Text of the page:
She moved to the national desk after the McCarthy hearings, an unheard-of promotion, and assumed a leadership position that gained her her "Mother McGrory" reputation. She was not always easy to work with, maintaining her gutsy and often controversial views, but these were counterbalanced with enormous grace and generosity, and she earned great respect from her co-workers. In 1960, she began her first regular column, heeding the advice of her colleague Walter Lippmann to "ignore" what she thought others wanted to read. "Write what you want, and don't fret if a paper doesn't run it." Later in her career, she would help younger, inexperienced journalists just as Lippmann had helped her. She won the George R. Polk Memorial Award in 1962 for her coverage of Nixon's "last press conference," after his defeat in the California gubernatorial race, at which he seemed to be having a nervous breakdown and told the assembled members of the press, "You won't have Nixon to kick around any more."

McGrory, who once described Nixon as "still stalk[ing] the light touch with all the grimness that the butterfly collectors bring to pursuit of a rare specimen," was delighted when, some 12 years after that press conference, her columns on the Watergate scandal garnered her a spot on White House counsel John Dean's list of enemies. They also won her the 1975 Pulitzer Prize for commentary, making her the first woman so honored. Her passionate columns against the Vietnam War also earned her both enemies and admirers, and ran defiantly contrary to the Star's pro-Vietnam editorial policy. In 1979, in the wake of the Three Mile Island nuclear reactor accident, she searched far and wide for the mother she had seen in a photograph fleeing from the scene while attempting to shield her infant from radiation with a blanket. After extensive investigation, McGrory finally located the woman, who was staying with a relative 75 miles away, and interviewed her by telephone, putting an individual human face on the story that panicked the nation.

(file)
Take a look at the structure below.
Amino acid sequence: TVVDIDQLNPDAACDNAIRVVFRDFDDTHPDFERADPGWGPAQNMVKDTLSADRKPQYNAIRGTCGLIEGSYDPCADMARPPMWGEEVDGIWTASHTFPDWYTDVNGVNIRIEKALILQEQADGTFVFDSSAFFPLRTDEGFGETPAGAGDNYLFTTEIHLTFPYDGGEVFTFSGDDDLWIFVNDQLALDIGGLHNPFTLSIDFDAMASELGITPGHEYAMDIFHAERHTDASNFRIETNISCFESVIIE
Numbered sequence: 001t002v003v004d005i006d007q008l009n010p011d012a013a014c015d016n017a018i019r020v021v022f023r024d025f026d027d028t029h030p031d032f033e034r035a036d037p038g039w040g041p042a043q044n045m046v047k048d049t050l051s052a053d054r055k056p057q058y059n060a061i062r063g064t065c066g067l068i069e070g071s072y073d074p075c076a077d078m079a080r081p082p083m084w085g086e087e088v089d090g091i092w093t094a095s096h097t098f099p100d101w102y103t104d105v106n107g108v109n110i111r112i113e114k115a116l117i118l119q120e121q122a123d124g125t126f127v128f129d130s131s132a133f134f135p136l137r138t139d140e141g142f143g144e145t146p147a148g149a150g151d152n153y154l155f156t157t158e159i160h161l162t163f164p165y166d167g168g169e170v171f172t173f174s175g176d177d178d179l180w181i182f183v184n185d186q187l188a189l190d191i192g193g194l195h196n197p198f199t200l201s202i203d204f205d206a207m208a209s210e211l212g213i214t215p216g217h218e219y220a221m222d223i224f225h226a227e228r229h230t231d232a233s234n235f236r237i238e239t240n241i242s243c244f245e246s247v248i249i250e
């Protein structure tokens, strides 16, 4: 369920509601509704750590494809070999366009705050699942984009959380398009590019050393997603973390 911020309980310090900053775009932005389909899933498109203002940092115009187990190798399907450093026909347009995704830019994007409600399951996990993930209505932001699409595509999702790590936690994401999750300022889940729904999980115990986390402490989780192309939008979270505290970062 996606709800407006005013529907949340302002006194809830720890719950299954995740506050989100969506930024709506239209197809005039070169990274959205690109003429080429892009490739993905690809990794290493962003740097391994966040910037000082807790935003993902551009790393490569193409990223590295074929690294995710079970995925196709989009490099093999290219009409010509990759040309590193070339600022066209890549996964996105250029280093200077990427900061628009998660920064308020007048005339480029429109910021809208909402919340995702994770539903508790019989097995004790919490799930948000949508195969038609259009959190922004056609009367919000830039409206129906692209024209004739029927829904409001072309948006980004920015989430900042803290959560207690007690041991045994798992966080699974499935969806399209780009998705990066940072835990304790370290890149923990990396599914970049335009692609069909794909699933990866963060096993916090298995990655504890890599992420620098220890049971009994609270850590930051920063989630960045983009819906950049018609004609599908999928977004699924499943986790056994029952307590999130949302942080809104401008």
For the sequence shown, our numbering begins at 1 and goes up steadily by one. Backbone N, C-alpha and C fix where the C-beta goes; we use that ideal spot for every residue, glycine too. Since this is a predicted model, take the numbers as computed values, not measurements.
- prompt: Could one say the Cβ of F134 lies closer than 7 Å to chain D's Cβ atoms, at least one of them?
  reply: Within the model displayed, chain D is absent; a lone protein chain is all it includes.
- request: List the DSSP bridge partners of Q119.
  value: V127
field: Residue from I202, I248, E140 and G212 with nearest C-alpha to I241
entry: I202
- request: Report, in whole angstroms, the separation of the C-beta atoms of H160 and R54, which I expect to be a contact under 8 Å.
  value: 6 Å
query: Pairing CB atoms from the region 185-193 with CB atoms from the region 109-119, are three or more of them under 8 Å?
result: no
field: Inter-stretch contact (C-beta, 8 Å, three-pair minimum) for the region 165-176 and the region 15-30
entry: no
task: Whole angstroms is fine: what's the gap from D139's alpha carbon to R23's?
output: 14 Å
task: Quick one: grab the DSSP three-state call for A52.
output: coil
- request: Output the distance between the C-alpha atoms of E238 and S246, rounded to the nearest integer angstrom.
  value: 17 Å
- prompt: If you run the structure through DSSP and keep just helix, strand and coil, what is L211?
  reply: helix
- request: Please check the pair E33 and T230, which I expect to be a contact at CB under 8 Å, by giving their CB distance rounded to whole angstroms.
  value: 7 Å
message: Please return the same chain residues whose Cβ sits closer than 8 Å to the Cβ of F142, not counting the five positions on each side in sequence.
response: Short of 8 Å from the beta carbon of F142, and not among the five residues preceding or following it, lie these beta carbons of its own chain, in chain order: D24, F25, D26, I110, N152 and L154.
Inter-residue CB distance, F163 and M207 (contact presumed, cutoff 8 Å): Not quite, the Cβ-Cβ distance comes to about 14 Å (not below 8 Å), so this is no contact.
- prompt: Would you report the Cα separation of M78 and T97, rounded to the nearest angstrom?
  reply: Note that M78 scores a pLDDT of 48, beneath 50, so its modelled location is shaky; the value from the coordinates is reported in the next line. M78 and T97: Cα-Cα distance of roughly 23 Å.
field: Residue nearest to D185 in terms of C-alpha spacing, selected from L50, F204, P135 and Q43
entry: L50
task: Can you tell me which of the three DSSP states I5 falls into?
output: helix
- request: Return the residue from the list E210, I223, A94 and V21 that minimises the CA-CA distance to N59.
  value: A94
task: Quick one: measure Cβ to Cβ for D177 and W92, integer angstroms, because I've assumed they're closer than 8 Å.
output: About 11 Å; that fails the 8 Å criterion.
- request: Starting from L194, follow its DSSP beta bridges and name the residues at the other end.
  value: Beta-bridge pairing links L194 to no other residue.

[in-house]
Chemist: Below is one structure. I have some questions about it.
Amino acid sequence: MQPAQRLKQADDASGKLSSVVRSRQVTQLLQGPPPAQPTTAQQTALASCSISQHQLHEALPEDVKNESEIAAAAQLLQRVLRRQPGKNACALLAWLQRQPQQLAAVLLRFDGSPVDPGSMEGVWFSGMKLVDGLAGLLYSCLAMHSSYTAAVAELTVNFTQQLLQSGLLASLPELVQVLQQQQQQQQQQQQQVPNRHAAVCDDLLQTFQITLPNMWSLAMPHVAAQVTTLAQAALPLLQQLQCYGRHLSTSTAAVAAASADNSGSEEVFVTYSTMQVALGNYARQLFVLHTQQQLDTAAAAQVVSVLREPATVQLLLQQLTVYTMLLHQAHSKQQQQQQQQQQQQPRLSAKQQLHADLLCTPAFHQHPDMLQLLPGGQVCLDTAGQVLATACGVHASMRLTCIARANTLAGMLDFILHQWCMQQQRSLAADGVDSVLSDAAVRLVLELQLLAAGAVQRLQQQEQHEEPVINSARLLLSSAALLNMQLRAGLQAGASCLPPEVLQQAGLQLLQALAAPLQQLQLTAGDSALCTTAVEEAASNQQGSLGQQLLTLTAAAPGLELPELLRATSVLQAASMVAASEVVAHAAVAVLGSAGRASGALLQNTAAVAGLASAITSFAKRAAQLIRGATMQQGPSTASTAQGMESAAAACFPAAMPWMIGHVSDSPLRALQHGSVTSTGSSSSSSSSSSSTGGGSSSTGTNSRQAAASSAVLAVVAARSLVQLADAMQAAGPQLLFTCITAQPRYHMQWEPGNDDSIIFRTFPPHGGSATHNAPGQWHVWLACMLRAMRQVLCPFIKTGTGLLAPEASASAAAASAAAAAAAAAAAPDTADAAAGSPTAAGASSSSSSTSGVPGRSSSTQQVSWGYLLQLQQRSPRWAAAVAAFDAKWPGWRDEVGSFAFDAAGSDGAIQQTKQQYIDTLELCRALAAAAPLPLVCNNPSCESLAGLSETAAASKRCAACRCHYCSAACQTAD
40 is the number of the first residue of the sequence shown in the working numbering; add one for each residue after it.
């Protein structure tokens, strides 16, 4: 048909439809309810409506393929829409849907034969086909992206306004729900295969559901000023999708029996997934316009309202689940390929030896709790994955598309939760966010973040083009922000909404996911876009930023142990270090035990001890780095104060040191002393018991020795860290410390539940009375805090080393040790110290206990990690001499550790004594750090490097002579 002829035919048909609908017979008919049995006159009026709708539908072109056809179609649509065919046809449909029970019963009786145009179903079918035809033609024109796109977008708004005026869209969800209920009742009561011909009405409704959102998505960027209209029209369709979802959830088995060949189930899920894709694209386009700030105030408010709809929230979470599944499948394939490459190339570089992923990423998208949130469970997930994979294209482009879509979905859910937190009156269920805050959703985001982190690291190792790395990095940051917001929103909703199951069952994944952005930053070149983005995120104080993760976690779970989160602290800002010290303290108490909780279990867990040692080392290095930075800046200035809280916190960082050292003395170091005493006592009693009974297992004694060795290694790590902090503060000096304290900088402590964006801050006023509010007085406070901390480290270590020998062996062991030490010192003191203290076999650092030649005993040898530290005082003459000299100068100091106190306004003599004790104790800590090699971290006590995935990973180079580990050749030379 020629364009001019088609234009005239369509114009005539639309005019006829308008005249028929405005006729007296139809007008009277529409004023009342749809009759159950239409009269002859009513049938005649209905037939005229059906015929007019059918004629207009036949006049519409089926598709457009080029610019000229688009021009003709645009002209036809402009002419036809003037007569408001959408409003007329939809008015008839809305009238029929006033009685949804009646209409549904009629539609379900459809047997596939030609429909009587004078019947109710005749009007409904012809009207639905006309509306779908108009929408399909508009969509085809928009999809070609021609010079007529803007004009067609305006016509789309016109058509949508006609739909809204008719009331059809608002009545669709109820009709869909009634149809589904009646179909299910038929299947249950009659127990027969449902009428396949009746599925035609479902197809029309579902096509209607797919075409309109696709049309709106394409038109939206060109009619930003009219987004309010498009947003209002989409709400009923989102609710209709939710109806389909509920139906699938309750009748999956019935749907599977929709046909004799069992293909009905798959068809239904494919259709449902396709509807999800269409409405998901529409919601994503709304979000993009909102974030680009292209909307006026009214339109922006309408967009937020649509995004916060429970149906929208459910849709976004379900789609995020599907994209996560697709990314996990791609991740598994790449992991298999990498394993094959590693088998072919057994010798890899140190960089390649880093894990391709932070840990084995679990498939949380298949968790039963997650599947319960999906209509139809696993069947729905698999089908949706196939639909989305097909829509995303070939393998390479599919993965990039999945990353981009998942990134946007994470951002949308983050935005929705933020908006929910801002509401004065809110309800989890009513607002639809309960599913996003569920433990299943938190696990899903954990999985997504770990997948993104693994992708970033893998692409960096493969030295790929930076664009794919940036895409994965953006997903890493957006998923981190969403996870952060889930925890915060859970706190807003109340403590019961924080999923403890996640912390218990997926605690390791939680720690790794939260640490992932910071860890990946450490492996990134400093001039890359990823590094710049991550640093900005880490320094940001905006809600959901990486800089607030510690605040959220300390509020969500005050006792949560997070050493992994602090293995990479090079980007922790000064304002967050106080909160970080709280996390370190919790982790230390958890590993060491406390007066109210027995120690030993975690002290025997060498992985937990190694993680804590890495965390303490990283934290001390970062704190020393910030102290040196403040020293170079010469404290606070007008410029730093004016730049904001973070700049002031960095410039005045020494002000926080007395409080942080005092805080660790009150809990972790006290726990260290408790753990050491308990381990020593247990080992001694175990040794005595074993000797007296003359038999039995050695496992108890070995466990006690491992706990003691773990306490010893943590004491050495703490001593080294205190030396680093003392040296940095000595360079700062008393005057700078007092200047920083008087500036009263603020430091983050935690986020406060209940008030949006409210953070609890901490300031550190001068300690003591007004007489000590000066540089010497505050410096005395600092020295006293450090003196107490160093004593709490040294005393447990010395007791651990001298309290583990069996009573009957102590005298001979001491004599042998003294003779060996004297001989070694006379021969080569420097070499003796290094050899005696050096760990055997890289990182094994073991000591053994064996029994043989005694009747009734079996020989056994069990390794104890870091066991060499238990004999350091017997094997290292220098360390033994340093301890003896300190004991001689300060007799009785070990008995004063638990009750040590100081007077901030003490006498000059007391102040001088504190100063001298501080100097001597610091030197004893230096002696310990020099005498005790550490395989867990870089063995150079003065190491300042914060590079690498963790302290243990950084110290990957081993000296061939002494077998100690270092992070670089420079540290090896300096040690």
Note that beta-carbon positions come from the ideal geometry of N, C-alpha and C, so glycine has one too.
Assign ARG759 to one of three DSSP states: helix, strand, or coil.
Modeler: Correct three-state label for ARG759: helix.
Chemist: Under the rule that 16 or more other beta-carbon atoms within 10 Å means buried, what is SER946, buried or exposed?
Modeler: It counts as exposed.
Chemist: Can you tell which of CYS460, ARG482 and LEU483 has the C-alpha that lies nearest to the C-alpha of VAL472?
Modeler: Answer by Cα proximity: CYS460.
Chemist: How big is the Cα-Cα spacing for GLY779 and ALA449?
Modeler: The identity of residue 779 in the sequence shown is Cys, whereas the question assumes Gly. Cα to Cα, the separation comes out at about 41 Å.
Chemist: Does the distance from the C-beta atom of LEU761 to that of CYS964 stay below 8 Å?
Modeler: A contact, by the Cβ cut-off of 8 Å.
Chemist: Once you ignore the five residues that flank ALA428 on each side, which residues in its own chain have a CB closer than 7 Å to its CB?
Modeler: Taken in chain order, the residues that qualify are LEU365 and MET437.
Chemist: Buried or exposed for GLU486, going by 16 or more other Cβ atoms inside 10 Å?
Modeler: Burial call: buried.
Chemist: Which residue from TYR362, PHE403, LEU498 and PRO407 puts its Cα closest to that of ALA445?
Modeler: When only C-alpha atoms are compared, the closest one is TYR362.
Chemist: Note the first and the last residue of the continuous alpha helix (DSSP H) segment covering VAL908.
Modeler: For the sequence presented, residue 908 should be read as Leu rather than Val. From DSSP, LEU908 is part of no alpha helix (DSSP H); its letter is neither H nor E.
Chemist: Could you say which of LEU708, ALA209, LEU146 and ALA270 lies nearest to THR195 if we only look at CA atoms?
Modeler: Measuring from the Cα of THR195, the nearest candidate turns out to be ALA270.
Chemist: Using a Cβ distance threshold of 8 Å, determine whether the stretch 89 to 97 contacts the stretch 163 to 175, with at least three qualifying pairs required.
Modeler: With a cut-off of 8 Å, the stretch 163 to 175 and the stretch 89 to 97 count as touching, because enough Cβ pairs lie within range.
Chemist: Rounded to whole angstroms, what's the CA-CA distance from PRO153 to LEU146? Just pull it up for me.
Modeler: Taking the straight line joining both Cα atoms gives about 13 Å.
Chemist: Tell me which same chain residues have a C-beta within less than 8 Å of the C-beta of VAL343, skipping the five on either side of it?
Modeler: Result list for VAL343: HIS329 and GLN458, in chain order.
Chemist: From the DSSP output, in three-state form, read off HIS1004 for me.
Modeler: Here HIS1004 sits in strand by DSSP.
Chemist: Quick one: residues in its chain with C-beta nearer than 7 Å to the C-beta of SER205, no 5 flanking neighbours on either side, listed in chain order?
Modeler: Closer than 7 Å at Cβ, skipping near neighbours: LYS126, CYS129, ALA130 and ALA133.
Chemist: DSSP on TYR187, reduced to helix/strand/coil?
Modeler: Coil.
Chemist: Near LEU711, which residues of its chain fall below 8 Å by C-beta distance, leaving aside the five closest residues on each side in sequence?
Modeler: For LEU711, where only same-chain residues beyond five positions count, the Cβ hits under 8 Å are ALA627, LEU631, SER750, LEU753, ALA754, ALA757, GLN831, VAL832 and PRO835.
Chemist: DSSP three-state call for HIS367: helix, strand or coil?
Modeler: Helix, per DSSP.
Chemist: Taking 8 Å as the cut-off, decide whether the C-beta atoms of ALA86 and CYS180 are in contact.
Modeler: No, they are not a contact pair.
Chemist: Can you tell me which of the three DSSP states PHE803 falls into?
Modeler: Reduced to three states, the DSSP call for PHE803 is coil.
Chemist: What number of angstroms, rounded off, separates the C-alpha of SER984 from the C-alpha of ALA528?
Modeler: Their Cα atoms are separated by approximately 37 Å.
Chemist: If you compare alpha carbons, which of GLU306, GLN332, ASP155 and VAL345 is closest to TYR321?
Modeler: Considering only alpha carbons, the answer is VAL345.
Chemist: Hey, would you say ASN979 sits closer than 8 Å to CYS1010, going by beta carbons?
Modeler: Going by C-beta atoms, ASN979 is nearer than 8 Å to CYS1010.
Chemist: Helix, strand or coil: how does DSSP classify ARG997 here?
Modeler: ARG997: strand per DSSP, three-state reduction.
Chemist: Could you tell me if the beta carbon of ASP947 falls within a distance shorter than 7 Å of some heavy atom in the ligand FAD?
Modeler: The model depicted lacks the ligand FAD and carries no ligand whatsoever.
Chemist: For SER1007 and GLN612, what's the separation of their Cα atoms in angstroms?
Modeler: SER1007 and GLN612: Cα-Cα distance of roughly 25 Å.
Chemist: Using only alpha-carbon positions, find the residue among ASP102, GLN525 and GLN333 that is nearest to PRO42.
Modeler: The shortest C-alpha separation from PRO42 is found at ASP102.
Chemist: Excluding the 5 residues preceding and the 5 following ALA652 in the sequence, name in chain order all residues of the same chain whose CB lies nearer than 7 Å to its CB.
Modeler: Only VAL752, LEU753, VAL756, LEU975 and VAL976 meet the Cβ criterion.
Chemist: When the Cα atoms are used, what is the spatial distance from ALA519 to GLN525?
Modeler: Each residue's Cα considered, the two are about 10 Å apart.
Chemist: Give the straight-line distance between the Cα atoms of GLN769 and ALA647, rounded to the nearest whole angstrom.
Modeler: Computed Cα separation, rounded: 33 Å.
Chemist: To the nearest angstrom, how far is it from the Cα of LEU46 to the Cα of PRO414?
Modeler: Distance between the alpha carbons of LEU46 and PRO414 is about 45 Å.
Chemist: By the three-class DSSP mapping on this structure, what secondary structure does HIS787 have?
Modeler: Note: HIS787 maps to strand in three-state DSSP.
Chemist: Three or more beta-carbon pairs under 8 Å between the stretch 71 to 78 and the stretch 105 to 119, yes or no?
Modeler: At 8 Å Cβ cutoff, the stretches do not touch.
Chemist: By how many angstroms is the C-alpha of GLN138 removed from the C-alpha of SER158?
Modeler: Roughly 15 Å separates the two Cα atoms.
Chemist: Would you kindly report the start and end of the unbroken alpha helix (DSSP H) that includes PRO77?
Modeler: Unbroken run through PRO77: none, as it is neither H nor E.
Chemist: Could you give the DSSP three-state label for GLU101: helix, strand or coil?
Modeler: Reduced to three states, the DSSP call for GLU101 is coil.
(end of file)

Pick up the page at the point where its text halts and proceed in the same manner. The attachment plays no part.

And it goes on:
Unlike other columnists who depended upon researchers to track down their information and staff members to do their legwork, McGrory gathered all the research for her columns herself. She considered this a disadvantage only when people would not return her phone calls or in situations (which she said were rare) like the following.

While interviewing Mississippi senator John Stennis, she wrote, "[He] said to me, 'Well now, Little Lady, I don't think I'd want to comment on that, Miss Mary.' Then he went down the hall and said to [reporter] Roger Mudd, 'I'd like to tell you what we were talking about.'"

After the Star folded, she took a news position at the Washington Post. In 1985, her thrice-weekly column was syndicated through the Universal Press Syndicate, and had 160 subscribers, many of which were major American papers. Over the years, the number of subscribing papers grew, but, she pointed out, "It's hard to be a liberal columnist in a conservative world." Having volunteered for decades at the St. Ann's Infant Home, an orphanage in Washington, D.C., she was known for her annual Christmas party for the children there. With friends, she had an informal choral group that sang Irish songs, and she frequently traveled to Italy. She said she would like to die in the newsroom; in a 1980 interview, she called politics "the most entertaining thing possible. It involves high risk and excitement and suspense, human nature and comedy and tragedy. What more do you want?"


Belford, Barbara. Brilliant Bylines: A Biographical Anthology of Notable Newspaperwomen in America. NY: Columbia University Press, 1986.

Read, Phyllis J., and Witlieb, Bernard L. The Book of Women's Firsts. NY: Random House, 1992.

Spencer, Duncan. "Mary McGrory: A Reporter at Her Primitive Best," in Washington Star. May 6, 1975.

Jo Anne Meginnes , freelance writer, Brookfield, Vermont

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McGrory, Mary (1918—)